Age of Lino Rivera, the black Puerto Rican young man at the center of this event. On March 19, 1935, Mr. Rivera shoplifted a pen knife from a five and dime store. He was chased and caught by store employees.
Rivera didn’t take being caught calmly. He severely bit the hands of store employees who detained him. Their injuries were bad enough that they required medical attention.
A quick-thinking store manager decided that no good could come from pressing charges against Rivera. Due to the number of people in the store, and the increasing energy of the group, Rivera was hustled out of a back door of the store where there wasn’t a crowd.
Rumors and coincidences that contributed to this event.
- A woman shouting that Rivera was being beaten in the store.
- An ambulance that showed up in order to address the wounds of the store employee who had been bitten seemed to support the rumor that the young man was had been beaten.
- A hearse, which was reporting to a nearby address, was seen by the crowd, fueling the belief that the boy had been beaten to death.
- The crowd thought that a boy of 10 or 12, depending on the version of the rumor, was beaten or beaten to death, depending on the version of the story, for stealing candy.
The crowd that had gathered in the store demanded that the boy be produced, proving that he had not been harmed. However, because Mr. Rivera had been let go, this was impossible. In response to this perceived injustice, shoppers began to turn over tables and otherwise destroy the store.
Number of blacks who had gathered around the store by late afternoon. During this time, there were confrontations between blacks and whites, and also between police and rioters. During this time, communist groups came to the area in an attempt to encourage solidarity between blacks and whites, suggesting instead that united they turn their anger toward the local merchants and toward the city’s leaders.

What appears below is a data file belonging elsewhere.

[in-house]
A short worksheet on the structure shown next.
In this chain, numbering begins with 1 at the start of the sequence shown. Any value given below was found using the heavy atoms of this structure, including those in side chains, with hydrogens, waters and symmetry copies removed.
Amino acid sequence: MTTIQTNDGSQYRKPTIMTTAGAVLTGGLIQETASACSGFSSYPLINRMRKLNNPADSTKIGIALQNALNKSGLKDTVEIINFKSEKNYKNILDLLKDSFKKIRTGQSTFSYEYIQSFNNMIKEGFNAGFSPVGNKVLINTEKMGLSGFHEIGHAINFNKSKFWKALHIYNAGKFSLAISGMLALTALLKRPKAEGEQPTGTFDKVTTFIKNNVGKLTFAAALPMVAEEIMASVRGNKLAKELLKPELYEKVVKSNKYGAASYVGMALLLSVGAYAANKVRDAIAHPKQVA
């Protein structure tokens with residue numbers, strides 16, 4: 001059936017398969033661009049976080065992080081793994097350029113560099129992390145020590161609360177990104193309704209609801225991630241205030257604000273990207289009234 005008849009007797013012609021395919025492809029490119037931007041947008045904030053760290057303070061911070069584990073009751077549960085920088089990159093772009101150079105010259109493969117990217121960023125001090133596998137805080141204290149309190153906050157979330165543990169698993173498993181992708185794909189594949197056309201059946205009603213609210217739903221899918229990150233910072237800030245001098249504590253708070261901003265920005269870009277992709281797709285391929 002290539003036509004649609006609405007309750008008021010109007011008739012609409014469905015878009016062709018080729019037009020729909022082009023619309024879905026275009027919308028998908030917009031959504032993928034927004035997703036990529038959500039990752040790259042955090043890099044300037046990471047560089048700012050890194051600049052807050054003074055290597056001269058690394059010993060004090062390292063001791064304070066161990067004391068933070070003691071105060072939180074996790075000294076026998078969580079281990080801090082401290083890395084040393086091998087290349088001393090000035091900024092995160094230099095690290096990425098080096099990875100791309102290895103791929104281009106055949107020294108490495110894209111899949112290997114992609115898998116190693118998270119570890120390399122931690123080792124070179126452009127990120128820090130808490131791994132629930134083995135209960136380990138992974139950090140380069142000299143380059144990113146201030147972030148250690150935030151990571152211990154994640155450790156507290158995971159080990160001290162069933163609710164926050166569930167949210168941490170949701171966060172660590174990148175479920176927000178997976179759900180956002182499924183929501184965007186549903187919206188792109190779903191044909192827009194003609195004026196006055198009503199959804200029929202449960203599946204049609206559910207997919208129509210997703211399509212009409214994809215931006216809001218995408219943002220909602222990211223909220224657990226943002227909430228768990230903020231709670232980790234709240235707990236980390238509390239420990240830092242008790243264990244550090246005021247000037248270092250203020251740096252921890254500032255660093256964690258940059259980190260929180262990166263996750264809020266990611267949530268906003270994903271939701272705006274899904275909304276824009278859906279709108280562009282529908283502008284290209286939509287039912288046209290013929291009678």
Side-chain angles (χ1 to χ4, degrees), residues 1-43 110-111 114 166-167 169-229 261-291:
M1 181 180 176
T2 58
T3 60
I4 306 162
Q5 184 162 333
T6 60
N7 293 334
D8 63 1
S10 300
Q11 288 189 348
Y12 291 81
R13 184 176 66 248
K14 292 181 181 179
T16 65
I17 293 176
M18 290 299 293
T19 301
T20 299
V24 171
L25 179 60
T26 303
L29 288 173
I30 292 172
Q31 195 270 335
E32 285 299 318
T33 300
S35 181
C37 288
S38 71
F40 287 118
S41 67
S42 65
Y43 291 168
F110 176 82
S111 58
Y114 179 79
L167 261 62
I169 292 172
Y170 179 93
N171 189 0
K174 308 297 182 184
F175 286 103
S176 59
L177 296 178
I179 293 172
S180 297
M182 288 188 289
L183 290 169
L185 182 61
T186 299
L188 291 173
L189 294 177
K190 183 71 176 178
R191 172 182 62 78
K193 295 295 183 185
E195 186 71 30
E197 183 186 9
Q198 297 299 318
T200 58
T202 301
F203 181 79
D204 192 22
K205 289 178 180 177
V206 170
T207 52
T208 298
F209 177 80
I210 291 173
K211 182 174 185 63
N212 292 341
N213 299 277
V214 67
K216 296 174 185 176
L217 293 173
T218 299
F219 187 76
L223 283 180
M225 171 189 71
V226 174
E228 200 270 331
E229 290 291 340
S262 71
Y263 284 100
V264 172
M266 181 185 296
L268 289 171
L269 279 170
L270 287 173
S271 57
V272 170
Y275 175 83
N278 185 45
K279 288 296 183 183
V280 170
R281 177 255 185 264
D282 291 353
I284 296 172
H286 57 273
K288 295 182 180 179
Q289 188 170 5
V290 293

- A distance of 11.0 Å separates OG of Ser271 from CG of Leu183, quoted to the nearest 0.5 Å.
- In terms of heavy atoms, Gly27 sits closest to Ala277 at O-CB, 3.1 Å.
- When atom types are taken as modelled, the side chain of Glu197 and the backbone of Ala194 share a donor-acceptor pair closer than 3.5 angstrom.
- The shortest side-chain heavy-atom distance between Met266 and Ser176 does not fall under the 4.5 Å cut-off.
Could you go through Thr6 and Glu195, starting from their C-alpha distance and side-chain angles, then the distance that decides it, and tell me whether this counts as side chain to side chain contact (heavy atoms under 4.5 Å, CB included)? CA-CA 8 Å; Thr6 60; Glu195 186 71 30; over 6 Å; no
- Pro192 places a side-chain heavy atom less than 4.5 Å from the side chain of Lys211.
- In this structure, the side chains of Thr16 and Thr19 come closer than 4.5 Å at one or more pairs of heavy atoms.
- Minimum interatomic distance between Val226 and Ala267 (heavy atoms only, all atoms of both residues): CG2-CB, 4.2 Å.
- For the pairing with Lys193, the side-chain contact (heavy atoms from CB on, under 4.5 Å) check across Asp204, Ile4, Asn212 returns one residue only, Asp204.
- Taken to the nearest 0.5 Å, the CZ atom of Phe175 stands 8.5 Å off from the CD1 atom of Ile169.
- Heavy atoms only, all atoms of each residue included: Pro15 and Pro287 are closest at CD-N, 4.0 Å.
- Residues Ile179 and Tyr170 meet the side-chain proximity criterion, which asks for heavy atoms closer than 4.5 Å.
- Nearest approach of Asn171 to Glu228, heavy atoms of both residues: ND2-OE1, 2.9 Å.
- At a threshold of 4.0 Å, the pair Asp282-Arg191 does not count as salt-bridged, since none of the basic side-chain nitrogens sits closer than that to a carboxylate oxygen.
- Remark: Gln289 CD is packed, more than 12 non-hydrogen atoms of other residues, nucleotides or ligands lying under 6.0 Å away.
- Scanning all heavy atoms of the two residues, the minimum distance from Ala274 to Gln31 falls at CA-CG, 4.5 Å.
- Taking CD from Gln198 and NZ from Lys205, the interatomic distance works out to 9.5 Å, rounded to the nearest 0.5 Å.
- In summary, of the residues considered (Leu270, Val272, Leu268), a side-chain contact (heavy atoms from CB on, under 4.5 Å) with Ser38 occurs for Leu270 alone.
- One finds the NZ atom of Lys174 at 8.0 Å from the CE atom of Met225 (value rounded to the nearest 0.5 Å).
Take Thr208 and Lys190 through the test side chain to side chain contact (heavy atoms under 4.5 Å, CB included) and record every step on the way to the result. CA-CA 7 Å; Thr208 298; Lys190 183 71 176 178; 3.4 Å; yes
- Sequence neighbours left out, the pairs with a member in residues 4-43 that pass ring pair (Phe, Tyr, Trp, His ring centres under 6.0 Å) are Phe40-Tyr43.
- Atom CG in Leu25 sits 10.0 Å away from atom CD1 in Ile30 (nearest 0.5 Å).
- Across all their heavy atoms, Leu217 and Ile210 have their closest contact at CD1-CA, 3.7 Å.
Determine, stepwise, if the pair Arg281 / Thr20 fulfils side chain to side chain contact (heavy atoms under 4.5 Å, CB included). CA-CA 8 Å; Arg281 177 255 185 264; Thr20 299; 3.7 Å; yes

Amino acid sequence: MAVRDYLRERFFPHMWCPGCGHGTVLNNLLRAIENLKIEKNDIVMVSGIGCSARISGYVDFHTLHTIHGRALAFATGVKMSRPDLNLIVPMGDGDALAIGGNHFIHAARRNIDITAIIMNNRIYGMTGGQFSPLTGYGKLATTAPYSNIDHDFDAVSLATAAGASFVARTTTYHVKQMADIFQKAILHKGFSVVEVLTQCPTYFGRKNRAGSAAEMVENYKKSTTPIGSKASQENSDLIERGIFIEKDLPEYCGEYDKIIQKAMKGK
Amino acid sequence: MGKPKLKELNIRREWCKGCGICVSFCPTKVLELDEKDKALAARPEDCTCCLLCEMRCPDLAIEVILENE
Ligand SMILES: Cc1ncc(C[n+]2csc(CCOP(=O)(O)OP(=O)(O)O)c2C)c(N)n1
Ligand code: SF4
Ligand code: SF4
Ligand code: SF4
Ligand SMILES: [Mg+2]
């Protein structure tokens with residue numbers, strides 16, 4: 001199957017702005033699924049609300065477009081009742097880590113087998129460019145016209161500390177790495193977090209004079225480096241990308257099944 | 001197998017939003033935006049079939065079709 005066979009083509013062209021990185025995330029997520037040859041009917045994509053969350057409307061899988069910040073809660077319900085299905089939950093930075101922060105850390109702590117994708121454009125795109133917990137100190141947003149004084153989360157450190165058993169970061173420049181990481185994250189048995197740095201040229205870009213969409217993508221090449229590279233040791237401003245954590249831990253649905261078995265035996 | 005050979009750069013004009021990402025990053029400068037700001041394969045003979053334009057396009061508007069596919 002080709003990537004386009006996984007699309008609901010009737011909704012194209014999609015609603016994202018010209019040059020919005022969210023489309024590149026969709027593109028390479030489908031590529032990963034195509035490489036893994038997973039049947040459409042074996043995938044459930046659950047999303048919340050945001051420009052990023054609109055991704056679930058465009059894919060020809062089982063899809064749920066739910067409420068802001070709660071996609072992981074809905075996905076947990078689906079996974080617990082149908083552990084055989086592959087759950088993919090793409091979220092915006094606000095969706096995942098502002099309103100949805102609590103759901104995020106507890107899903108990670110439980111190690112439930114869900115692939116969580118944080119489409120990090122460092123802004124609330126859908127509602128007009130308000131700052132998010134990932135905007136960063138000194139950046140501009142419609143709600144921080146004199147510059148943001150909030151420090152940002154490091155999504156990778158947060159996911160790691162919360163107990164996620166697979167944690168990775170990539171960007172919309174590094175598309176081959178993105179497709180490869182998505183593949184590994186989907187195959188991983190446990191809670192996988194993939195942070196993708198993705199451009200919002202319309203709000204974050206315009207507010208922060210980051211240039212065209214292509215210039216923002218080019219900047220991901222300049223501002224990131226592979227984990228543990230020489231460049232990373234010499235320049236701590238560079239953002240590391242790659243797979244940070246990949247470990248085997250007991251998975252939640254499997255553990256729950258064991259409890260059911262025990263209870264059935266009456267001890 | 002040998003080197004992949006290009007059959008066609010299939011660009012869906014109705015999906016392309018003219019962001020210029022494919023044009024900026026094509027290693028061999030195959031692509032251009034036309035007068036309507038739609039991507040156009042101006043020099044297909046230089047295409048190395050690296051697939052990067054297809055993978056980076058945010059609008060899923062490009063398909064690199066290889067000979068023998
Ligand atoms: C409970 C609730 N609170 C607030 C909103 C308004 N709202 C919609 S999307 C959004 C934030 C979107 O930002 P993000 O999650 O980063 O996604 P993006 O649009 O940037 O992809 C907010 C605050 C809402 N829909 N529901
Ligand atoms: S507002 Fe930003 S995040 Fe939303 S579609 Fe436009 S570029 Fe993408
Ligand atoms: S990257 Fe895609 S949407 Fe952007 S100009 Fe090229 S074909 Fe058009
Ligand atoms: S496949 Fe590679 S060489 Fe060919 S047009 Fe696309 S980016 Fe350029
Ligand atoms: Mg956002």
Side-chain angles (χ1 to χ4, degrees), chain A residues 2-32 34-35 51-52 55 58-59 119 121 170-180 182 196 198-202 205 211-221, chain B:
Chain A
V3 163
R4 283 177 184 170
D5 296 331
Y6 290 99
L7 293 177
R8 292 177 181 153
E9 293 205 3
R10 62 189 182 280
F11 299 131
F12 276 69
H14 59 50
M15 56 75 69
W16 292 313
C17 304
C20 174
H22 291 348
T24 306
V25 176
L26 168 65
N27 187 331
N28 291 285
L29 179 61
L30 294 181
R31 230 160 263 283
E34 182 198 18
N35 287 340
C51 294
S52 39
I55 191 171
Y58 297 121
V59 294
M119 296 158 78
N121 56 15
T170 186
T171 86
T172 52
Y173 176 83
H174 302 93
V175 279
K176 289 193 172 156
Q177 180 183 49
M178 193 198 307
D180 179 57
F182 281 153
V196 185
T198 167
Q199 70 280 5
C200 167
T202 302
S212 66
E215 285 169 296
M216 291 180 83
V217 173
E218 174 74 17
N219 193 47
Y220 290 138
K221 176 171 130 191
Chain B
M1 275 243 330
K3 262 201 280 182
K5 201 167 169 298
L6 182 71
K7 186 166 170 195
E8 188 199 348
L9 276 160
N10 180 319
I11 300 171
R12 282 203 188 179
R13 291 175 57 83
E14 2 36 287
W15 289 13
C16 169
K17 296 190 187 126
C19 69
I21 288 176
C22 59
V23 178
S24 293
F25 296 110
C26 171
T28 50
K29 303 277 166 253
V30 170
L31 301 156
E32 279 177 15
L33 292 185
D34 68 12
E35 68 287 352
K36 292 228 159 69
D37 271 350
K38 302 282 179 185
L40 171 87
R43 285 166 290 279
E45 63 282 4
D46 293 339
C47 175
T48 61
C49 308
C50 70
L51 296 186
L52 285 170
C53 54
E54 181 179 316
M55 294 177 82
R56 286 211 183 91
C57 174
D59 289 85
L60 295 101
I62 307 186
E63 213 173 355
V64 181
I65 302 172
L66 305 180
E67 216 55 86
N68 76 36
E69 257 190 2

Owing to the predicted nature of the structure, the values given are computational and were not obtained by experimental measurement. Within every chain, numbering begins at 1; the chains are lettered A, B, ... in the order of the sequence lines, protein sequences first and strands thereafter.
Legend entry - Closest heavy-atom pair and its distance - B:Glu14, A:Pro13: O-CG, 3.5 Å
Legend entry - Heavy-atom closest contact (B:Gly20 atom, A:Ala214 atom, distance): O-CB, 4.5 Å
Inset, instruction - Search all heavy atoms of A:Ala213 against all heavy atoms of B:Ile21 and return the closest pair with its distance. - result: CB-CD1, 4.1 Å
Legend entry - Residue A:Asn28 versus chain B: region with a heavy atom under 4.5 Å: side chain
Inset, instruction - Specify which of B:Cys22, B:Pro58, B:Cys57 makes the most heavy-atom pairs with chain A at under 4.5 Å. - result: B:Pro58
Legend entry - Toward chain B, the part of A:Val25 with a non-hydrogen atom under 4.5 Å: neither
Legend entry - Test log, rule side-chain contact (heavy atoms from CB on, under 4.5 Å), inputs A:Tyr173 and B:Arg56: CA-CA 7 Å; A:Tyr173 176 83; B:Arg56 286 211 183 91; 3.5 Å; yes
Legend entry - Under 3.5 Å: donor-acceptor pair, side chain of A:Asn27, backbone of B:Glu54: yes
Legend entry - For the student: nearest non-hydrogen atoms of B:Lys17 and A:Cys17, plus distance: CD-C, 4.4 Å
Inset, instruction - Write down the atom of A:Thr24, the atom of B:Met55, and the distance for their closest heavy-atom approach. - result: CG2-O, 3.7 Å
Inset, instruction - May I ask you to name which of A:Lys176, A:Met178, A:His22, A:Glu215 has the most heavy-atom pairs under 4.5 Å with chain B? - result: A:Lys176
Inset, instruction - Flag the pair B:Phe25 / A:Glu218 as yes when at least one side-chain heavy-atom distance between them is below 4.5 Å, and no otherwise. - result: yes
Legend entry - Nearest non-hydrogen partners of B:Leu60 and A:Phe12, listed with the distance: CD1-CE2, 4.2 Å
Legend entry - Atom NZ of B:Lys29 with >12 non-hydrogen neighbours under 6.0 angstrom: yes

Number of police officers working the streets in response to this incident.
People who died as a result of this riot, depending on which sources you consult.
Arrests made by 2:30 AM on March 20 in connection with this event.
Plate glass windows smashed during this event.
Businesses destroyed during this riot.
Main underlying reasons cited as the cause of this event as in the report created by a commission that had been created to investigate the riot’s causes, “The Negro in Harlem: A Report on Social and Economic Conditions Responsible for the Outbreak of March 19, 1935.”
- injustices of discrimination in employment
- aggressions of the police
- racial segregation
This riot is called by some the first of the “modern” riots, the mob violence directed chiefly at property rather than individuals. This riot was also called by others the end of the Harlem Renaissance.